Phil O'Hara '55, director of student activities, is one of over 100 experienced staff members who have decided to accept early retirement packages offered by the University. Active at Brown during four different decades, O'Hara received an excellence award on Feb. 5 at Brown Employee Appreciation and Recognition Day.
O'Hara said he was planning to retire in 2011, but decided to retire early when the University administration introduced the package in November as part of its efforts to cut costs.
Looking back at his time as an undergraduate, O'Hara said he chose his concentration in international relations not because he wanted to be a professional in that field, but because he wanted to learn "how people interacted with each other."
"Compromise is essential for us to get along as different peoples," he said.
It was in this spirit that O'Hara began Brown University Mediation Project decades after he graduated. "I help students learn to fish, not just give them the fish," he said.
O'Hara remembers the University that he attended as a very different place from what it is today, most of all because the New Curriculum did not exist when he was an undergraduate. "I think Brown is, from my point of view, a wonderful place now in terms of diversity, not just ethnically or religiously, but in terms of the interests of students," he said.
But what has been consistent is an environment that instilled the value of civility in students. "I was raised in the era when we really lived by the Golden Rule," he said. "We have to give something back to our society."
O'Hara worked in the book publishing industry for 30 years, but grew disillusioned by increasing commercialization. O'Hara said he had volunteered in youth centers and decided to embark on a new career path.
"My life has always been committed to working with young people," O'Hara said.
In particular, he wanted to give back to his alma mater and returned to the University in 1987. After spending his first year in the Department of Athletics, O'Hara joined the Student Activities Office, where he has remained. Despite his willingness to work with students, he was uncertain about his ability perform well at the SAO.
"I was really unsure whether a man of my age could really connect with young people."
O'Hara said he decided he would just try. "I realized if I just listened to the students, this could be a second career for me," he said, "I've been listening ever since."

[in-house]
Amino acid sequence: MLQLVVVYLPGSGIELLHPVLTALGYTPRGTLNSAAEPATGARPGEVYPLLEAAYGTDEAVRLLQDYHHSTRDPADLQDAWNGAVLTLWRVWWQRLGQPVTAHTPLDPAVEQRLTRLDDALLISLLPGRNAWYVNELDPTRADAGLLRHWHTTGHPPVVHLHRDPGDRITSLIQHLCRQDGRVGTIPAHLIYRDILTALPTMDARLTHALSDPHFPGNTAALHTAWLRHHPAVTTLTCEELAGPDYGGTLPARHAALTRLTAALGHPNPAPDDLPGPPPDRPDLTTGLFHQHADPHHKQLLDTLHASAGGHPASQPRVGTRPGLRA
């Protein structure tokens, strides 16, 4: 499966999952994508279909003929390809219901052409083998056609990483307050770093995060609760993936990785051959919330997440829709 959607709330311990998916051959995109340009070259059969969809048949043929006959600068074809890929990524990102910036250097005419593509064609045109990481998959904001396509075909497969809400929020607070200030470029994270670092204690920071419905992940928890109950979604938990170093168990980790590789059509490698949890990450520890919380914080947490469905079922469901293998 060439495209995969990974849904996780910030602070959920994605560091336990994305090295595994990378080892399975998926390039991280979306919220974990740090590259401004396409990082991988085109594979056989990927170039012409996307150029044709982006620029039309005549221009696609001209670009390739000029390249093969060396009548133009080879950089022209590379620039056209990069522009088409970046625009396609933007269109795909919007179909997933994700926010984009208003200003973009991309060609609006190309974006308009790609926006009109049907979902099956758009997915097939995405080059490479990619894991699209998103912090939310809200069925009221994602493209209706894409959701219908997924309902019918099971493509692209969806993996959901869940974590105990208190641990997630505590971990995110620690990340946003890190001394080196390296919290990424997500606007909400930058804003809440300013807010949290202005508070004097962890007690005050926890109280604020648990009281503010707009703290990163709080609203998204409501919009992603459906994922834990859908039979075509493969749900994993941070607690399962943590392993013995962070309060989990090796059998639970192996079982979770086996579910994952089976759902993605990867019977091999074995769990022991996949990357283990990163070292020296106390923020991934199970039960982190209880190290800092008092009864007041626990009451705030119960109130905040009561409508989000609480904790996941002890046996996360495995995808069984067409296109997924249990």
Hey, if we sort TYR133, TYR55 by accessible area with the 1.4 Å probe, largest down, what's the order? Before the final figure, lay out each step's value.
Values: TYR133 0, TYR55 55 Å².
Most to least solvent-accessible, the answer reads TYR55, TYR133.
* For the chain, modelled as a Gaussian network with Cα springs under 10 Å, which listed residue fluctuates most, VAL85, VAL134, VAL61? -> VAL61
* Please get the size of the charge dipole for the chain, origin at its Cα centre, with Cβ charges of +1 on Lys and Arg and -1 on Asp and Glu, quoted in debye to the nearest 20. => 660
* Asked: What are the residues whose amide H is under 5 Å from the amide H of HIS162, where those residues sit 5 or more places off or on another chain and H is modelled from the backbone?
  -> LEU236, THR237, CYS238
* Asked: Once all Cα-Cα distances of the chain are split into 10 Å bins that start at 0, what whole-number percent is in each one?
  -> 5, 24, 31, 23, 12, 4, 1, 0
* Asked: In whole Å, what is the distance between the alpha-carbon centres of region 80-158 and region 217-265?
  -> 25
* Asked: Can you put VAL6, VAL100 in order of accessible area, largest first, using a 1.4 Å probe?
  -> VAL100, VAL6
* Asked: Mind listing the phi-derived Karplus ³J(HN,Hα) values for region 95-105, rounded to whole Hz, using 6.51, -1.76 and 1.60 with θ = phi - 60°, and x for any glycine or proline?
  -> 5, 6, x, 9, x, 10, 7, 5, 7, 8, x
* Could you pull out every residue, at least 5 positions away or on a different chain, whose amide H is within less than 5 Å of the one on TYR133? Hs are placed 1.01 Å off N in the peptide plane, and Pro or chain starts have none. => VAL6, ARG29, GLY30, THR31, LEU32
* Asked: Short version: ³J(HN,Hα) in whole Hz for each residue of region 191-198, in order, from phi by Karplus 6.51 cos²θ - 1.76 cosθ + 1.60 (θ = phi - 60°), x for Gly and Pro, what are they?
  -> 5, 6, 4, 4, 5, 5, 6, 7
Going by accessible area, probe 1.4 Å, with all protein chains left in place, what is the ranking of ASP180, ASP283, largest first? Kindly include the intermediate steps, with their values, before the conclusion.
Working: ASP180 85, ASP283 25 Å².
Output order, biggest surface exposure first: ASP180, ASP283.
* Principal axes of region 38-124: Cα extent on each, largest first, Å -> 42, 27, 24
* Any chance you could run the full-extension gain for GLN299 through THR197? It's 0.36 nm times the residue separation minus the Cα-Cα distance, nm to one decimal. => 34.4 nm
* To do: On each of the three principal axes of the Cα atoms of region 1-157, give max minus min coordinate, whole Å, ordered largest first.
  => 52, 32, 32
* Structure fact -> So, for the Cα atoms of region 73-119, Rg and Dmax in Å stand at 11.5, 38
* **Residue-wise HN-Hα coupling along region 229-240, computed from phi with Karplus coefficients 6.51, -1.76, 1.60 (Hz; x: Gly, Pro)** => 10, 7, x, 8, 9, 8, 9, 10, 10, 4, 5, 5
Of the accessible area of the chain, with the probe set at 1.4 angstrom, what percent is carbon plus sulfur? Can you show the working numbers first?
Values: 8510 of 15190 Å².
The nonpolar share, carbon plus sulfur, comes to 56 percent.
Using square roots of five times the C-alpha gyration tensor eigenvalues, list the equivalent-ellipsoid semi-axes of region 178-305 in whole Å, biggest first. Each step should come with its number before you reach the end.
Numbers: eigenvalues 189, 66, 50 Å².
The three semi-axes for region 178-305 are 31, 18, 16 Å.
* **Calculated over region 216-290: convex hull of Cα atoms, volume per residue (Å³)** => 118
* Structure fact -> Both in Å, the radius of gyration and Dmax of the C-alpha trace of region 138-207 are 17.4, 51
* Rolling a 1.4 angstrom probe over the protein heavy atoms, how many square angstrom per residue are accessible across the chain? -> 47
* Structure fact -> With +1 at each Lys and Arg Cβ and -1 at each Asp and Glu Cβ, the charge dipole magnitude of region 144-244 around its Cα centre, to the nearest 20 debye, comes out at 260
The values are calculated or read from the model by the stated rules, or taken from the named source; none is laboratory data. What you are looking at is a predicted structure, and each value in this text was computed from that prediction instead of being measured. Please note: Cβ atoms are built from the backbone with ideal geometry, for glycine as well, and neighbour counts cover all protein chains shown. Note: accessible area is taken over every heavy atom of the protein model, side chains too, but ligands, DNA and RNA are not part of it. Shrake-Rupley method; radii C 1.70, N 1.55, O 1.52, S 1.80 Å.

O'Hara said many people call him blunt or transparent, but he takes the comment in a positive light. "What you see is what you get," he said.
When O'Hara became director in March 2009, he did not take it "for the long-term future," though he said he intended to support the long-term goals of the office.
"It was something I could do with distinction and vigor. If I could not do the job, I would not have accepted it."
Neil Parikh '11, president of the 2011 Class Board, has worked with O'Hara in his role as faculty adviser to the class boards. "He's one of those incredibly inspiring people," Parikh said. "He really, really cares about the students."
Parikh said O'Hara was instrumental in the board's successful effort to bring Swedish musician Gunther to campus in 2008, an attempt that did not seem possible to many students. The event was the first collaboration between class boards at Brown and the Rhode Island School of Design, O'Hara said.
The New Curriculum lets students construct their academic careers, but "in the Student Activities Office, the field isn't quite so open," he said. Finance and logistics can prevent student groups from realizing their visions.
"I really try to listen to what you want to do," O'Hara said. "I may have a lot of doubts in my mind, but I'm not going to dismiss you."
Parikh said the incoming director will have to be fully dedicated to maintaining good relationships with students. "A lot of what Phil does is probably not in his job description."
Ricky Gresh, who oversees the SAO as senior director for student engagement, said he was confident that the position will be filled, but that he expected the Organizational Review Committee to reevaluate the position's description.
Gresh, who was O'Hara's predecessor, said O'Hara will leave his stamp on the office. O'Hara has mentored many current staff members, including Gresh, who has been at the University for over five years.
Gresh said O'Hara influenced many in the SAO. "Phil has a lot of institutional knowledge and we can carry that forward," Gresh said. "When a new director comes in, there's people who know how to do that work."
O'Hara had a personal commitment to Brown students that was inspiring to his peers, Gresh said. "If he wasn't sure that students could be served at a high level, he wouldn't retire," Gresh said. "He's put a lot of his life into this."
O'Hara said he understands the budget constraints that have led to some "sad" outcomes, but he personally feels "blessed" to have the opportunity to retire early.
"On June 30th, I'm gone, but I'm not gone to questions," said O'Hara, who plans to continue living near campus.
"My leaving is bittersweet, but aging is bittersweet," he said, "I'll be out of sight, but not out of mind."